So now you know why everyone is talking about the strong dollar. But the dollar has always gone through long cycles of strength and weakness; it's just that when a move happens as fast and as much as it did over the last year, corporate managements don't have enough time to adjust their business models to account for the currency fluctuation.
Too late to do anything about that now, but I'll share with you advice that I have learned over the last 25 years, in which I have seen plenty of big dollar moves.
1. Diversification should not end because the dollar went up or down a lot. If anything, diversification helps you because it'll help protect the entirety of your portfolio from being impacted by just one thing.
2. Rebalance! We had several years, thanks to the Fed's ultra-low interest-rate policy and three quantitative easing programs, of a weak dollar that greatly benefited American multinational companies, and that drove their stock prices much higher. Now would be a good time to evaluate how proportionate this class of companies is within your investment portfolio and trim it back some.
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3. Look to areas that may have lagged in terms of asset appreciation due to the aforementioned weak dollar. International investing seemed to have gotten short shrift because Europe, Japan, China and, in general, emerging markets were for a long time underperforming the U.S. equity indexes. Well, that has been reversing, and if these areas are now underrepresented in your portfolio, then it may be time to recommit a portion to it.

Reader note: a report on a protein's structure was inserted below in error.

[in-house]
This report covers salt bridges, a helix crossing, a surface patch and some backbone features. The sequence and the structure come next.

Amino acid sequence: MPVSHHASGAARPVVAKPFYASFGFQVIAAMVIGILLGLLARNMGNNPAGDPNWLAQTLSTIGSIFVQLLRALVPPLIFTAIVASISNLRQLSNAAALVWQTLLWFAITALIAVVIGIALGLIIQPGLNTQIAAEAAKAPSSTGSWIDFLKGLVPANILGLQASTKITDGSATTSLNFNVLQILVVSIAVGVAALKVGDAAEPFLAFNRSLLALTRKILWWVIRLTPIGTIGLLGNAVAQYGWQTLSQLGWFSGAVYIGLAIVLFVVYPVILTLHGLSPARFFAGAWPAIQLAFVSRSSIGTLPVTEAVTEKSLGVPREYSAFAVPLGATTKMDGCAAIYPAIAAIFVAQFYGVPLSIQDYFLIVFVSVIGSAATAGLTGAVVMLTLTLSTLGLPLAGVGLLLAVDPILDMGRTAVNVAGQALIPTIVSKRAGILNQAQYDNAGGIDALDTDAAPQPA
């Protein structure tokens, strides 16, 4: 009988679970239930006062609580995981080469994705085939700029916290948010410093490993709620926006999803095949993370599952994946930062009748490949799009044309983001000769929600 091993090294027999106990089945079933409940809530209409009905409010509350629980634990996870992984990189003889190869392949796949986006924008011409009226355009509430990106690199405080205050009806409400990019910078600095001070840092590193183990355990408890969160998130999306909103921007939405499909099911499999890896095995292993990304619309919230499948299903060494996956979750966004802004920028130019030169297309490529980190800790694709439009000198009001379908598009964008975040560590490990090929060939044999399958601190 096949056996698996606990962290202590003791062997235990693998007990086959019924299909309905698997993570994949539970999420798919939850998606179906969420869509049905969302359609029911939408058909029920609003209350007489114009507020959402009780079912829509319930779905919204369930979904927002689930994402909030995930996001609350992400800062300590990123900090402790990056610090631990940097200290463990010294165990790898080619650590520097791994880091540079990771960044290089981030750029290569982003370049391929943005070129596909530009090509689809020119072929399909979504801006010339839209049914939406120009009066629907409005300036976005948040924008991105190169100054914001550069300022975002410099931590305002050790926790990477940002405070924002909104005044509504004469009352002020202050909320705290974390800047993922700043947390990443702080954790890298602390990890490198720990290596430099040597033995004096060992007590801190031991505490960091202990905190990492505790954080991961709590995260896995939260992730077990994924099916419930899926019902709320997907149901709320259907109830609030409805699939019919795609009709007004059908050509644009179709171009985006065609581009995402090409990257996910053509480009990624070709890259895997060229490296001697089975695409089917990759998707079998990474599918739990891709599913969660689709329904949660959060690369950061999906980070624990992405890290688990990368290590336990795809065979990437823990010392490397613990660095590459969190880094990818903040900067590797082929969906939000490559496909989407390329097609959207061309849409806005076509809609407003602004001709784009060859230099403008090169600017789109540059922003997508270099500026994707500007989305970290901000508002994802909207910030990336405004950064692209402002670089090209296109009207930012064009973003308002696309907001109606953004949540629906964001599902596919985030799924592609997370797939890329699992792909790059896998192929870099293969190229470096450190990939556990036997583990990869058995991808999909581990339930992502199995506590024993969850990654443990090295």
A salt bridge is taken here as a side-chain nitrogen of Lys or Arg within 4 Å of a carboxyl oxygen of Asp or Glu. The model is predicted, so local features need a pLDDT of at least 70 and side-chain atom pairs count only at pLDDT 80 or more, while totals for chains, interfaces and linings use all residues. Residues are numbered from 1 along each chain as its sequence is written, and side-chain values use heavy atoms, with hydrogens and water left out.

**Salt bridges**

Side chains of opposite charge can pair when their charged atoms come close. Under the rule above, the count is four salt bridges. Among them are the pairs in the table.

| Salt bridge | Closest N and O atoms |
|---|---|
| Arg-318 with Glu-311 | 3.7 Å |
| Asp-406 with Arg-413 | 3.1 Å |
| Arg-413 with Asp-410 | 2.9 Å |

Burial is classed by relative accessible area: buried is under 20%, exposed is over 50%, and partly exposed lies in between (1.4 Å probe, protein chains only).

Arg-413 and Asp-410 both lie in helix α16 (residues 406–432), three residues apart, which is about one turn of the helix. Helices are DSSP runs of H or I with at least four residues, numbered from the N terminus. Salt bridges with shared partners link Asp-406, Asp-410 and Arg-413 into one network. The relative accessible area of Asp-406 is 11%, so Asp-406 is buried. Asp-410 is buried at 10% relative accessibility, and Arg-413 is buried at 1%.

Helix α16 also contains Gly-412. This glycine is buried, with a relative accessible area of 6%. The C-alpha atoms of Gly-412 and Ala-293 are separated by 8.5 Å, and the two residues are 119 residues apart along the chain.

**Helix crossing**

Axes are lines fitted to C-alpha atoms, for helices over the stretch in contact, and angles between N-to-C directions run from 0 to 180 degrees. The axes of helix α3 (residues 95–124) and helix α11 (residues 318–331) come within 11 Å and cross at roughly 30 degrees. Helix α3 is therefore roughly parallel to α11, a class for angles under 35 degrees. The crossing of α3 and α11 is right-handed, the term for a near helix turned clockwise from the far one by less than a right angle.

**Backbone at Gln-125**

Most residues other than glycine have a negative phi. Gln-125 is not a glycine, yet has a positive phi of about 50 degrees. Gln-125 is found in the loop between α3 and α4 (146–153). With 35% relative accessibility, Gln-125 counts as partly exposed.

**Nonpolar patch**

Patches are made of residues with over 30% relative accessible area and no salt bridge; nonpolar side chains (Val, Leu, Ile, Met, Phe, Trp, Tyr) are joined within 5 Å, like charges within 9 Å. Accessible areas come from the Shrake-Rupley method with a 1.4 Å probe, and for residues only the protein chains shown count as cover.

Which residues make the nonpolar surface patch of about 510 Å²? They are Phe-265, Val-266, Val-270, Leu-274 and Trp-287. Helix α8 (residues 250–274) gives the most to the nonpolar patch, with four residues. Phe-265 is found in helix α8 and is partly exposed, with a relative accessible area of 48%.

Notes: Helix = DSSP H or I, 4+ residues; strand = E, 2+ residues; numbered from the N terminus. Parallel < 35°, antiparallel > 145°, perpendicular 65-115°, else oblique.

4. Don't go all in or all out based on dollar plays. That may work for hedge funds, but for individual investors, remaining diversified helps prevent the need for knee-jerk and emotional reactions. After all, the dollar moves in both directions, and whatever it has been doing over the last few months, that trend won't last forever.
So enjoy all the banter about how strong the dollar is currently, but remember: If you're a long-term investor, you'll look back at these days and see it for what it really is. Just a bunch of noise.
—By Mitch Goldberg, president ClientFirst Strategy, a Dix Hills, New York-based investing firm.
Follow Mitch @mitch_goldberg